8 Things Your Travel/Expat Friend Does NOT Need to Hear


Travel has rescued me in so many ways. If you’ve had a scroll through my About Me page, you’ll know I’ve had my fair share of tough times. Problems growing up, problems with love, problems at uni, now problems with anxiety and Fibromalgia. I’ve been up, down, all around and it has not been easy.

After I came home from Sicily, I let my mind and body pause, relax and restore. I didn’t know it at the time, but I was reinventing how the rest of my year would turn out. I read, I practiced yoga, I reflected, I wrote lists. Made goals.

I picked up a job in a supermarket chain so I could save up and pay off my credit cards while planning what on earth I’m going to do. When things started to go right for me (more on this later!) more and more things went right! It’s like I’m on FIRE. I’m buzzing with energy and can see all the light and love around me- which is so remarkable considering how the year started.

The problem? The people around me! It’s like everyone has something to say about your travel decision, and it’s rarely positive. After an inspiring trip to London with an old friend, I decided to write this open letter about what not to say.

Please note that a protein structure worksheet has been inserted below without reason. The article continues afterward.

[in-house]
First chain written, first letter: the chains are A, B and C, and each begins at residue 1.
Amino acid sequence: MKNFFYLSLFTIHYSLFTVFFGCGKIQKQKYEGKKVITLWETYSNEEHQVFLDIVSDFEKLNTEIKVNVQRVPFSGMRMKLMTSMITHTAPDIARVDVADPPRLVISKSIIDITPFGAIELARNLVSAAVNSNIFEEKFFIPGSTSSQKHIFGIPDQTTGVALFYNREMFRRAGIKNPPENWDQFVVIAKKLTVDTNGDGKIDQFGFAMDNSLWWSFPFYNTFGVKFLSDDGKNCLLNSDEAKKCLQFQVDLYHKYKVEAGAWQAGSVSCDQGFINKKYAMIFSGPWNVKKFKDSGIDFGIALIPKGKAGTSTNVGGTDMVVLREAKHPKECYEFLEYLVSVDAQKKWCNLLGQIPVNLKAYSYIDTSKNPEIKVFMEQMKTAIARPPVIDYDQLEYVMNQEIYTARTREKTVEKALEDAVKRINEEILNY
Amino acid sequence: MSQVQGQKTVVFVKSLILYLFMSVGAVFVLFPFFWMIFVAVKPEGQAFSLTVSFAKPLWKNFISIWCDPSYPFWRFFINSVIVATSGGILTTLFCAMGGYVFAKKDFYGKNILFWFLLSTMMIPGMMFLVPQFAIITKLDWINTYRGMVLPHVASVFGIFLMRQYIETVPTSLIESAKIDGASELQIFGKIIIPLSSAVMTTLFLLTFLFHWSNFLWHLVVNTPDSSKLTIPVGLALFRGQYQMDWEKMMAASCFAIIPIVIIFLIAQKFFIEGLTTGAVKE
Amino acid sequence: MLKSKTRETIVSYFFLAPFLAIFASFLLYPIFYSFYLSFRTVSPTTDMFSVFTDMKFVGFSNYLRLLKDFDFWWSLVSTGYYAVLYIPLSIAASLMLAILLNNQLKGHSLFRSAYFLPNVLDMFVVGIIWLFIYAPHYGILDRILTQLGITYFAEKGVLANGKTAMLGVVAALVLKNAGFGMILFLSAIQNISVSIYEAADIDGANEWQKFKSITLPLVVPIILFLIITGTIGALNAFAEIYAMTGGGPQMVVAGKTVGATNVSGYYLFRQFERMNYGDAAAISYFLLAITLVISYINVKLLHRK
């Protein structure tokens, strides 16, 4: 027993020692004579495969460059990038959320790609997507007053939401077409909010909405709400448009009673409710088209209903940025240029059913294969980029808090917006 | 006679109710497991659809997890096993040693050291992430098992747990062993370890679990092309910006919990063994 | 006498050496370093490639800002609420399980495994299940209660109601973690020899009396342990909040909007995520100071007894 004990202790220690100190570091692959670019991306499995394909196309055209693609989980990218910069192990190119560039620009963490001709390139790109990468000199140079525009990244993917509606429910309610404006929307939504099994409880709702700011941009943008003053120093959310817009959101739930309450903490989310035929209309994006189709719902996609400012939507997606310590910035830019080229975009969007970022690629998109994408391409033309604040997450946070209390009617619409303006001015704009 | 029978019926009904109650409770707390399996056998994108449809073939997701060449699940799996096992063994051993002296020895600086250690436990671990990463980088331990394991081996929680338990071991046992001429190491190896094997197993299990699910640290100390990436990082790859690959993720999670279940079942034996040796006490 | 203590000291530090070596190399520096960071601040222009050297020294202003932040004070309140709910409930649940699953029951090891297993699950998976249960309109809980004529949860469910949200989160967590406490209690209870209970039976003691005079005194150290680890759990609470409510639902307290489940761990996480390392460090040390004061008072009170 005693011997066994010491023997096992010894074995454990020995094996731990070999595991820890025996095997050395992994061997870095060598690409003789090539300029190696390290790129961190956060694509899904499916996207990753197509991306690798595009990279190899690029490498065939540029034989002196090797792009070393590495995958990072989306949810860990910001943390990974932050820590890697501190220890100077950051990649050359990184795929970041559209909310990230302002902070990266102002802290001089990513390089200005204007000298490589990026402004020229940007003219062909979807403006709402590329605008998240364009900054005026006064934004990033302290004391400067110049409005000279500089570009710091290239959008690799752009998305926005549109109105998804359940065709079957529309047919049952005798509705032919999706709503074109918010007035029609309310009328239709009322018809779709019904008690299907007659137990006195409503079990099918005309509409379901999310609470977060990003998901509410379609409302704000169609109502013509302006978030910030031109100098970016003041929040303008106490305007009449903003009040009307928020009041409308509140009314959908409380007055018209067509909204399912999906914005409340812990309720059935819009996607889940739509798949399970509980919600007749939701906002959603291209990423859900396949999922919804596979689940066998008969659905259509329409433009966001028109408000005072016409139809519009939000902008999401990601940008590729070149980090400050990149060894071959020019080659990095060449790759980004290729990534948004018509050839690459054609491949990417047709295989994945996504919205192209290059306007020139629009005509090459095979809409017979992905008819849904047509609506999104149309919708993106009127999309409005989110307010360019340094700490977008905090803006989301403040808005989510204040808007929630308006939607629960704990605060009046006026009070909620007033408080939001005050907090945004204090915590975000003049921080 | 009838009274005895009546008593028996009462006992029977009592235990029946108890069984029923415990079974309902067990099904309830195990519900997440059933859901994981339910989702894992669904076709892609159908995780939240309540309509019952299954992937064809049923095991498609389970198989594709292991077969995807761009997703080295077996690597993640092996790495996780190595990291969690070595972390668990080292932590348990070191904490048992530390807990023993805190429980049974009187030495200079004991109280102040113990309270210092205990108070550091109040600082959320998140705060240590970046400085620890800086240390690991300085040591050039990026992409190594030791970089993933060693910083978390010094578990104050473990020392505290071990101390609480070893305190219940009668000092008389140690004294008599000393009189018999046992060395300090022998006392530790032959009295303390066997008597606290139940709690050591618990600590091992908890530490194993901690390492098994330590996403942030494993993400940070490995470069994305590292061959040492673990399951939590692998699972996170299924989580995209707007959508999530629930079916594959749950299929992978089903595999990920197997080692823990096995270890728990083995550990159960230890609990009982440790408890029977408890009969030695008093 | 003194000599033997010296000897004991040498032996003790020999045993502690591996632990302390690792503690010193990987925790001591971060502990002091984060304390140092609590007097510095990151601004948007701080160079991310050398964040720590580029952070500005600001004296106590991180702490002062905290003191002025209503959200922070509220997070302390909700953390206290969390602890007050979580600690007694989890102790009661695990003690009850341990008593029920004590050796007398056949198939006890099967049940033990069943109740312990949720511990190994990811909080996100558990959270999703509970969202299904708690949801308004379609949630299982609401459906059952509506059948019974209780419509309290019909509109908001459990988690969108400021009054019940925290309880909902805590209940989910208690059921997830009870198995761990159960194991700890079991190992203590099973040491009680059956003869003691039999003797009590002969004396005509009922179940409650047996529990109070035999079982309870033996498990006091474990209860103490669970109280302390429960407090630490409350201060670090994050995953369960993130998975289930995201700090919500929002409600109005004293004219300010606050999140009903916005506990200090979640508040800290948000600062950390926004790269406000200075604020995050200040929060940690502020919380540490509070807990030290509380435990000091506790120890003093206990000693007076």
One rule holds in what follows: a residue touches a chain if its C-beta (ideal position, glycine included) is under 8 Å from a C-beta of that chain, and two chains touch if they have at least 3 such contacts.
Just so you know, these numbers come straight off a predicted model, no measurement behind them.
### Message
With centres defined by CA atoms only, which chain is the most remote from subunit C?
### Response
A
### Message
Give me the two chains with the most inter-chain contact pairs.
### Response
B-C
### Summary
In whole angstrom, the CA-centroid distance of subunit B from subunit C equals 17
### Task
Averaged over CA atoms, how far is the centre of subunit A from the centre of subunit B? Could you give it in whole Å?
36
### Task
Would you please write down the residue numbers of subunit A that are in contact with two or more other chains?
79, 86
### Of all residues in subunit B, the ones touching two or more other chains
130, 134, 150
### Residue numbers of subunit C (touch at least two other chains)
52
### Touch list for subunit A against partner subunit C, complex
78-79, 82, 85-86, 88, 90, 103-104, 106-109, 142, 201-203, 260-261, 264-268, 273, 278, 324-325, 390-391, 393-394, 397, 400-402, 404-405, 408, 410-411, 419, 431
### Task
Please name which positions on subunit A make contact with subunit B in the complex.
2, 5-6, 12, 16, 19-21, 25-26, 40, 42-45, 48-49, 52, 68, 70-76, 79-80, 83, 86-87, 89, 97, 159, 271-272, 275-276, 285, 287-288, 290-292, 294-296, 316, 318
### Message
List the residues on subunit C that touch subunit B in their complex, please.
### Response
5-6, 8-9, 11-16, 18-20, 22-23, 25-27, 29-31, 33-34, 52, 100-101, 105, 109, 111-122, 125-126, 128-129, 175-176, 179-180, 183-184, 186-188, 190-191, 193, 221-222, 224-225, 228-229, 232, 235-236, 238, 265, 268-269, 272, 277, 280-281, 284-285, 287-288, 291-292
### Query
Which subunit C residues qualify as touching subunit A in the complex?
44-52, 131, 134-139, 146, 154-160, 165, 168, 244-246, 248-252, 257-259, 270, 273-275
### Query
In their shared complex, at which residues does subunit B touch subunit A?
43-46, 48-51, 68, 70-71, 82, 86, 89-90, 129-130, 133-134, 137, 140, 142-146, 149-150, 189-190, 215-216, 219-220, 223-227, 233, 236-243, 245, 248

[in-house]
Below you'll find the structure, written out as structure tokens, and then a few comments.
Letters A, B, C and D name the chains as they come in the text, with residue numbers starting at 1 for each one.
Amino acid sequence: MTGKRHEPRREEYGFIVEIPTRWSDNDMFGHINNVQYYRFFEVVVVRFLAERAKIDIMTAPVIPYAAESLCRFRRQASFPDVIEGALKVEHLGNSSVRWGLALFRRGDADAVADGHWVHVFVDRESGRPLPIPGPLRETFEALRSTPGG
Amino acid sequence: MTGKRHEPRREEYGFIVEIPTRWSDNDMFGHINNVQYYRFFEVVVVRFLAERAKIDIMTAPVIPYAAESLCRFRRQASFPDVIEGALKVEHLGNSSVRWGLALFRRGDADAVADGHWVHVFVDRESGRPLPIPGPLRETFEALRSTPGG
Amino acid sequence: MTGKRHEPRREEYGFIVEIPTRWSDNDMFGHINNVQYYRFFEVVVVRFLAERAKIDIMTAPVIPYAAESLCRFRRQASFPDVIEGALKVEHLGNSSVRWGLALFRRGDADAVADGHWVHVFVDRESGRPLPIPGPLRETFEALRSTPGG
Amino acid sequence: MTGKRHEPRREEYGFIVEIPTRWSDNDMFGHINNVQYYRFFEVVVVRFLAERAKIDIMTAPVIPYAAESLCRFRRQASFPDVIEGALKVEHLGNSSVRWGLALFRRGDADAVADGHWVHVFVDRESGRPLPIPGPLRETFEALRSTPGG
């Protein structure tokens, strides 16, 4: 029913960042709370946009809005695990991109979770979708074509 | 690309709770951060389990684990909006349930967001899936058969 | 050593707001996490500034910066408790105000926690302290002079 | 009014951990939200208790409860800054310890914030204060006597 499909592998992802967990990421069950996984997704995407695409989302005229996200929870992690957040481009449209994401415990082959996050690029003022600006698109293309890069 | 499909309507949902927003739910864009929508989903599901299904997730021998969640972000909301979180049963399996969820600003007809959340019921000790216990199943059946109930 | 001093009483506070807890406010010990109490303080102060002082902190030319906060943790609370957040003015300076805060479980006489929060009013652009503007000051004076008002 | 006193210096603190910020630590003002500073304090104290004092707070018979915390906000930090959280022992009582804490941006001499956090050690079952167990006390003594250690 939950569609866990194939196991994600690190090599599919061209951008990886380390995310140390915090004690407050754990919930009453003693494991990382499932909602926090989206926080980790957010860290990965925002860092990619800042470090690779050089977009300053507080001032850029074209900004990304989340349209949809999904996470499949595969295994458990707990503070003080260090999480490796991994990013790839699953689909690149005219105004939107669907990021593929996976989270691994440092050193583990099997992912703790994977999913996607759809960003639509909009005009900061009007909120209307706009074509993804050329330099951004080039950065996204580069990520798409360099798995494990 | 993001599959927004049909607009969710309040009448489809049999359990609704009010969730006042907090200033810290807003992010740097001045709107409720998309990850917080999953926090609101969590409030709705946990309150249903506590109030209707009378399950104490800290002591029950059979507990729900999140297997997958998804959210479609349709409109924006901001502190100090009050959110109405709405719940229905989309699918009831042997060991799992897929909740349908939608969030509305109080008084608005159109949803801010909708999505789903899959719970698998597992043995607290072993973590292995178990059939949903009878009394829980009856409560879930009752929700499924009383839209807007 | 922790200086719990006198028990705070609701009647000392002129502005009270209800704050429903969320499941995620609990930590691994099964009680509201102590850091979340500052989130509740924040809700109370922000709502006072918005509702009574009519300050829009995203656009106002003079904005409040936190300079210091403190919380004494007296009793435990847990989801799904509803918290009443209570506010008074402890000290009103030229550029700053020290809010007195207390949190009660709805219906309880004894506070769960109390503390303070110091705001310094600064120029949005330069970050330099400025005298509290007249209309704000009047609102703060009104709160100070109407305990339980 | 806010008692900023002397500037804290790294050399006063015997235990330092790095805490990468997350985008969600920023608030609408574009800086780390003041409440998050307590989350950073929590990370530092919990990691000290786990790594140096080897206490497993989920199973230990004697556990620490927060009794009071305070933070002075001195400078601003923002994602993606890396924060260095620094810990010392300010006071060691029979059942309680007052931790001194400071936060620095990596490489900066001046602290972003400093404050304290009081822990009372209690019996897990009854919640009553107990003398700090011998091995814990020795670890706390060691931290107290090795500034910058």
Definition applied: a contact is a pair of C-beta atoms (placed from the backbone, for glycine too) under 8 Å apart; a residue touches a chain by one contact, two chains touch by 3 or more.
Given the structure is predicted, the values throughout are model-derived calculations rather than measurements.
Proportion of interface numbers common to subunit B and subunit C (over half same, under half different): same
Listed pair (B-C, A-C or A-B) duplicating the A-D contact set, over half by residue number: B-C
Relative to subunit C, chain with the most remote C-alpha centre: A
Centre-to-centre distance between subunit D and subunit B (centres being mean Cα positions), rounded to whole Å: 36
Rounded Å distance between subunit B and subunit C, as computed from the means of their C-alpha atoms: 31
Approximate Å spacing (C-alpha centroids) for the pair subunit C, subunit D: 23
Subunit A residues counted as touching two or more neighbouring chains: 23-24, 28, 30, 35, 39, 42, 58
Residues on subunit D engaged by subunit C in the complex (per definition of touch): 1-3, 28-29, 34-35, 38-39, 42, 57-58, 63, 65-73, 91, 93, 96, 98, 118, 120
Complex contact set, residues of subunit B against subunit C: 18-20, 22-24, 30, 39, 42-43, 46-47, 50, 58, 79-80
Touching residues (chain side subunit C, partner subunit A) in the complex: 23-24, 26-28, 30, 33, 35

1. You’re so lucky.


Striving for something and getting it is not the same as stumbling across some loose change in an old pair of jeans. I never know what to say to this, because it so undermines all of the planning, inner practice, experience and willingness to change that I’ve worked so hard on.

I understand the phrase to mean: “You didn’t have to do anything, go through anything, learn anything, it’s just by chance things worked out for you.” I also interpret it as a guilt-trip: “Why should you have these experiences and I can’t?”, or “well you don’t have any real responsibilities, a mortgage, children….” Then I feel bad that some people feel travel isn’t attainable for them and think that their life’s path is in the hands of luck. I CHOSE my lifestyle, just as you chose yours.*

*I understand that in many ways I AM lucky: lucky to be a UK citizen, lucky to have the opportunities I’ve had, lucky to be alive and (somewhat) healthy. This isn’t what I was referring to about being ‘lucky’.

2. What about your boyfriend?